3. A method for insulating a well through which hot fluid is injected into a sub-surface formation of interest comprising the steps of: q

extending a borehole to a point adjacent the top of said formation of interest;

running a string of relatively. large diameter casing into the borehole; i 7 extending the borehole into the formation of interest; running a second string of smaller diameter casing from the surface to a point adjacent the bottom of the borehole; mixing a nonsetting slurry comprising vermiculite and carrier liquid; I v I r placing said slurry in the annular space between the larger and smaller diameter casings; and cementing the smaller casing adjacent terest.

4. The method of claim 3 wherein the carrier liquid is water and wherein the method comprises the additional steps of:

opening the borehole into fluid communication with the formation of interest; and

injecting a hot fluid into the zone of interest at a controlled rate to dehydrate the vermiculite slurry without causing excessive steam ressure in the slurry. 5. The method of c an 3 including the step of fixing the top of said smaller diameter casing with a slip type packoff means capable of providing a substantially fluidtight seal off of the annular space between said larger and smaller diameter casing strings while simultaneously allowing said smaller diameter casing to move upwardly or downwardly relative to said larger diameter casing.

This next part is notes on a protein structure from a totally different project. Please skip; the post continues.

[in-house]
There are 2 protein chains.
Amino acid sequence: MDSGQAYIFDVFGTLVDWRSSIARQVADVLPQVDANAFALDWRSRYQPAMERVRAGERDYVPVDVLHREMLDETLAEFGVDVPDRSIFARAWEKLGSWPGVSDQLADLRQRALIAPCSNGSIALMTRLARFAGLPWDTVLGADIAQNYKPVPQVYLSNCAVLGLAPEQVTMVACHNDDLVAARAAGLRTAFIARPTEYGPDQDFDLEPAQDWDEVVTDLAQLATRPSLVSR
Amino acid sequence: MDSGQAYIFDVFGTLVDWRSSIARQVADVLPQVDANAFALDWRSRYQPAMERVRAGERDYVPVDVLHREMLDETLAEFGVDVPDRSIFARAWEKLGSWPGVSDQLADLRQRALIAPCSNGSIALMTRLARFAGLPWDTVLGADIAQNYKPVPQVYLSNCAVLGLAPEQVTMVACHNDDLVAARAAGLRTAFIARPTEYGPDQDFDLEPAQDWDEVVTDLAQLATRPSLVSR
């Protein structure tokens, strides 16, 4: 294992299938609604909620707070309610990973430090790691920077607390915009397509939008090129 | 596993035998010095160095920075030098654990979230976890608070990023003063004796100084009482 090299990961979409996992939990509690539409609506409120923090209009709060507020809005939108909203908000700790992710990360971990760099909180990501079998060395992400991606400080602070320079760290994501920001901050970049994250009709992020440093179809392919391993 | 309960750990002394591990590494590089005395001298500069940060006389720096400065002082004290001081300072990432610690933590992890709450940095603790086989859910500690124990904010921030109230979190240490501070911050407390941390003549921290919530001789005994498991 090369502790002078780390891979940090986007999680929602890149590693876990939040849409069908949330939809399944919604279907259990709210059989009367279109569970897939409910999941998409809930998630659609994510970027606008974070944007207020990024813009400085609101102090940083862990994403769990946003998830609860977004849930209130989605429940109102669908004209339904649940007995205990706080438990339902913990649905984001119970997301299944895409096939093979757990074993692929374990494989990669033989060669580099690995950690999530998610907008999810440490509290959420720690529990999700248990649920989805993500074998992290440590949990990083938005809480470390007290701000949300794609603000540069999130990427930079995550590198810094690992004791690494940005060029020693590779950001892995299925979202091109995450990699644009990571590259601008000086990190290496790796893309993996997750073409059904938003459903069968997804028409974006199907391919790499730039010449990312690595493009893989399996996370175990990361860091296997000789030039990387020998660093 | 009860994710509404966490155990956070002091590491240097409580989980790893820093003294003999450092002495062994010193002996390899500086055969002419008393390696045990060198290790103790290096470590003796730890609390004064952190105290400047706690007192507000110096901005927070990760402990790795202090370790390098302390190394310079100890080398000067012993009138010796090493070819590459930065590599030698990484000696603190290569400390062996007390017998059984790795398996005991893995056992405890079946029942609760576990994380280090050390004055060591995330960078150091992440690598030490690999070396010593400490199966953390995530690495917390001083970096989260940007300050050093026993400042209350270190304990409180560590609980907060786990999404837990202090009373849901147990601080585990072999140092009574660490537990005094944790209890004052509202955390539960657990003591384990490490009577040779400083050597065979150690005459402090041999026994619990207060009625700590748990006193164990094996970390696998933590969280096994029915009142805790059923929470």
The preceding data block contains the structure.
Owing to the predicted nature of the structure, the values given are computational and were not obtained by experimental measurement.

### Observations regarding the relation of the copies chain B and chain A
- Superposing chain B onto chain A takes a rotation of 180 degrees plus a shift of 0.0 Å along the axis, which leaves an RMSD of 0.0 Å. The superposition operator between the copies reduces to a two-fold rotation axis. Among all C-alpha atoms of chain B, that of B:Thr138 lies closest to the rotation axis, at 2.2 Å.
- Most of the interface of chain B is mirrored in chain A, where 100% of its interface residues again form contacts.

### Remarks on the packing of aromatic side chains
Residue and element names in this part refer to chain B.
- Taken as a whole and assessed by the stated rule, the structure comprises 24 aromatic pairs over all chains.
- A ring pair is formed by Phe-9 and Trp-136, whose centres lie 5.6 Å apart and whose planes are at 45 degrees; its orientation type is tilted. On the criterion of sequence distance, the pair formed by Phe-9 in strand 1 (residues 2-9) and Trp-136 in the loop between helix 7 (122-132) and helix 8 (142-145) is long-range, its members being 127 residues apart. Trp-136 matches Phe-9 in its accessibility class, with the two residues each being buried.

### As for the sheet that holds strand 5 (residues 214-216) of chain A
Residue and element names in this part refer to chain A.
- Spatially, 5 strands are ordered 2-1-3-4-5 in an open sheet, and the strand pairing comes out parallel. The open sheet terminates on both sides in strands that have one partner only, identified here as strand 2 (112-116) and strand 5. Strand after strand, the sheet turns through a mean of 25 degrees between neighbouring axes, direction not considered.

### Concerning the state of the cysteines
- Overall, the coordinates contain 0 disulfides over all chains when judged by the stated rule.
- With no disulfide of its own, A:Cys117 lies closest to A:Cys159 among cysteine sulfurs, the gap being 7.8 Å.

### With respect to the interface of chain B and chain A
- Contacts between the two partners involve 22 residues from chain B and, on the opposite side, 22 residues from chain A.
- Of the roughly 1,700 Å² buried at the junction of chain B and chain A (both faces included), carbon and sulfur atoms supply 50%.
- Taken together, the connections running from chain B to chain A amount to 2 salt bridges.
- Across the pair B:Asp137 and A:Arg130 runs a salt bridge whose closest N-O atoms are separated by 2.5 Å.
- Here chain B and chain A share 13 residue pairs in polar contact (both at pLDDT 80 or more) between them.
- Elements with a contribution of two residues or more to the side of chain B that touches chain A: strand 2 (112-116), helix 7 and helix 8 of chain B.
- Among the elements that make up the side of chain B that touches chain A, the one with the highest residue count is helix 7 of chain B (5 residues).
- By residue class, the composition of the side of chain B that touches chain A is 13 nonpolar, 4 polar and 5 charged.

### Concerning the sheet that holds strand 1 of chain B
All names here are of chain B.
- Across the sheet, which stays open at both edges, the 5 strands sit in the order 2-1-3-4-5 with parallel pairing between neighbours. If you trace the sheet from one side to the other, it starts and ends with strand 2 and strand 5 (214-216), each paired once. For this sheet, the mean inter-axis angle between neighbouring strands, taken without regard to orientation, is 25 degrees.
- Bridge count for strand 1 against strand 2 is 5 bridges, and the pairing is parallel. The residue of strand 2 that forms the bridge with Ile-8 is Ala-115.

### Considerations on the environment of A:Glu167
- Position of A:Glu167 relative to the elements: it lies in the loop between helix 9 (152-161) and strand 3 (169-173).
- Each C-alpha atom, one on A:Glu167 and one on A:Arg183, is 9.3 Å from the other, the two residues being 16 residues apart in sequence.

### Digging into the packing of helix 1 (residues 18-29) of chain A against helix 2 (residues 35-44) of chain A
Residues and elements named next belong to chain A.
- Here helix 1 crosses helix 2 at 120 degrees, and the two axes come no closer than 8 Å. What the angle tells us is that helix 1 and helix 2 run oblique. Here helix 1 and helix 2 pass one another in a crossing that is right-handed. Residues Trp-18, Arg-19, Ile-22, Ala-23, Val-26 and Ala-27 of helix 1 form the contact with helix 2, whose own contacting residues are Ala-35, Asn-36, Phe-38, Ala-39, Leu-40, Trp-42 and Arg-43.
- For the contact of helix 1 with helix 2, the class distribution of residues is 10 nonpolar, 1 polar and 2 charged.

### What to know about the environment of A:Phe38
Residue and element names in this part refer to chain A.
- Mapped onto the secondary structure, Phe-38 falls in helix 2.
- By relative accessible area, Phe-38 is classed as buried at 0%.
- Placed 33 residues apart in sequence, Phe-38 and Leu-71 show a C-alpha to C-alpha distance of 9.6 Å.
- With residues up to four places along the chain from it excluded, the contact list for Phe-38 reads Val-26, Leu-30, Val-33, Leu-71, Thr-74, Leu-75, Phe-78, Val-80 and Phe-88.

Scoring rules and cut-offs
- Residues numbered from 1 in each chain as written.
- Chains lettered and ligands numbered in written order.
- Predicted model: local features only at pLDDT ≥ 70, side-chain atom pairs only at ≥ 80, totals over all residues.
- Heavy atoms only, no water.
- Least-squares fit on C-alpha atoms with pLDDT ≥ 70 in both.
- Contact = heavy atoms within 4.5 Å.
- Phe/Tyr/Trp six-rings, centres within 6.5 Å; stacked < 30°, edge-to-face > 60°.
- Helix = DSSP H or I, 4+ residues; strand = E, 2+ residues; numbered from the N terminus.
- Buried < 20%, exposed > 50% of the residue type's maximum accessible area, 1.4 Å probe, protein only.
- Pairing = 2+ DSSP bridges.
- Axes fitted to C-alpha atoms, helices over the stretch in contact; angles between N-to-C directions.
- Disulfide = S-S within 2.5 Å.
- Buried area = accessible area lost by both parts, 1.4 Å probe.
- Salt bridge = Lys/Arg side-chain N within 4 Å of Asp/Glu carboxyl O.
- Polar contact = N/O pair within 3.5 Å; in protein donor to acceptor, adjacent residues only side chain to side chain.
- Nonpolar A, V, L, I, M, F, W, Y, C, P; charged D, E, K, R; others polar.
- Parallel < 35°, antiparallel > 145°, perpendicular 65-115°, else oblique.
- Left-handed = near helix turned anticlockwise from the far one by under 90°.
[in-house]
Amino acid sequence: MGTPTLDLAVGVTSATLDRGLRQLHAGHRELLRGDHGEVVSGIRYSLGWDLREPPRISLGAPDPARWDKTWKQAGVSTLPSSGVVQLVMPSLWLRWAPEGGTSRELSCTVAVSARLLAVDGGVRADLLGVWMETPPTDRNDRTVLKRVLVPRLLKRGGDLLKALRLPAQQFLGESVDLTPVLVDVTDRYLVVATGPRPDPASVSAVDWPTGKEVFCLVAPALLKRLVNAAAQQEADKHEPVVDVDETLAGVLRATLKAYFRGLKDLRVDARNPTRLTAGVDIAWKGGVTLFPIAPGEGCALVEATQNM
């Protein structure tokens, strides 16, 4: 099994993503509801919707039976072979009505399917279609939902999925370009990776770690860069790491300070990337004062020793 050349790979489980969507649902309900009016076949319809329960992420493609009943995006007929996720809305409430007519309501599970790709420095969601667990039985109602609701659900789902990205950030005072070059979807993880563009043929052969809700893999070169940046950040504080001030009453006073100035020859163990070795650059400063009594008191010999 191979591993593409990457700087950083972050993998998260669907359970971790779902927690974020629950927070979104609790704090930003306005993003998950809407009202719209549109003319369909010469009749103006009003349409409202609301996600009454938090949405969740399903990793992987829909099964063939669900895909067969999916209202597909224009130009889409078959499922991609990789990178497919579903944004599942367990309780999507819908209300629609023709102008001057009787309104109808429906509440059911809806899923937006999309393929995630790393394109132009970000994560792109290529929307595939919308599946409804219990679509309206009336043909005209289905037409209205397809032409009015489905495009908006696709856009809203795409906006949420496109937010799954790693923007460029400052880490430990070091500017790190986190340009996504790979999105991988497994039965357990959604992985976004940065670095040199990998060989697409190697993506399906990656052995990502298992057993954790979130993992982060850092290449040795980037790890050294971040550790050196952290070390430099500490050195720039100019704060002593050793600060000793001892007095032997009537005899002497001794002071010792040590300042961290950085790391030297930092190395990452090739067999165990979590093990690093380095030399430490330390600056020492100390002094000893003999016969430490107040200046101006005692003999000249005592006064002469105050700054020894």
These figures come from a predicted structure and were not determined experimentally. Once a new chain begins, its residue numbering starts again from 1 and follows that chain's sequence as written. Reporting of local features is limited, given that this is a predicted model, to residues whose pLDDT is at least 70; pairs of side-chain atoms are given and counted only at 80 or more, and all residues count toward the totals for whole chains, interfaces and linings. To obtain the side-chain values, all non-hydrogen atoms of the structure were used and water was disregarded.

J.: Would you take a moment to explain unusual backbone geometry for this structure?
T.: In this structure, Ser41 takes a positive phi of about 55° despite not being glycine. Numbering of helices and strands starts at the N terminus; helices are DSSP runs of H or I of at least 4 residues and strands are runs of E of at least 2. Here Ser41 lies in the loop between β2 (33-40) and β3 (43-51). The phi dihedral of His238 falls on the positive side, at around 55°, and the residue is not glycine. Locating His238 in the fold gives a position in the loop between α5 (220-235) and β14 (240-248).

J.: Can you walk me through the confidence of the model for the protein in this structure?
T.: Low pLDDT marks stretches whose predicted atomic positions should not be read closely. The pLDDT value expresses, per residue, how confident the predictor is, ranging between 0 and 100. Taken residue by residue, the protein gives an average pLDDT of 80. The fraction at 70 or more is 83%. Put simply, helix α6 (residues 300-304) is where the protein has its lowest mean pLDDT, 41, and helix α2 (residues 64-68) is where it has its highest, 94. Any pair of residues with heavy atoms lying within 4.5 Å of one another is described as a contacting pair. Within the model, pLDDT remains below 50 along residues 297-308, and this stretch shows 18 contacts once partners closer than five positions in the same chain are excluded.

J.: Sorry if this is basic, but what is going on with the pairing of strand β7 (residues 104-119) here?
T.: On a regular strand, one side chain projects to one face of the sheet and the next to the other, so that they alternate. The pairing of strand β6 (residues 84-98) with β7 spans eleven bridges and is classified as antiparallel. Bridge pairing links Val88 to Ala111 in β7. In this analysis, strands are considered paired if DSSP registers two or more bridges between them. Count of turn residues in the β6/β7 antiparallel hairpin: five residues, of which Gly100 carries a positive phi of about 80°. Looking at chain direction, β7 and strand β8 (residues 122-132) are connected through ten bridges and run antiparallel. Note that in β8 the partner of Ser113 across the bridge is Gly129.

the formation of inclaim 1 whereinlsaid carrier liquid is

Patent Citations
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Non-Patent Citations
Reference
1 *Alaskan Completions Will Be Complicated, in World Oil, Jan. 1970, p.85.
2 *Willhite, G. P. et al. Design Criteria for Completion of Steam Injection Wells, in J. Petr. Tech., Jan. 1967, pp. 15 21.
Referenced by
Citing PatentFiling datePublication dateApplicantTitle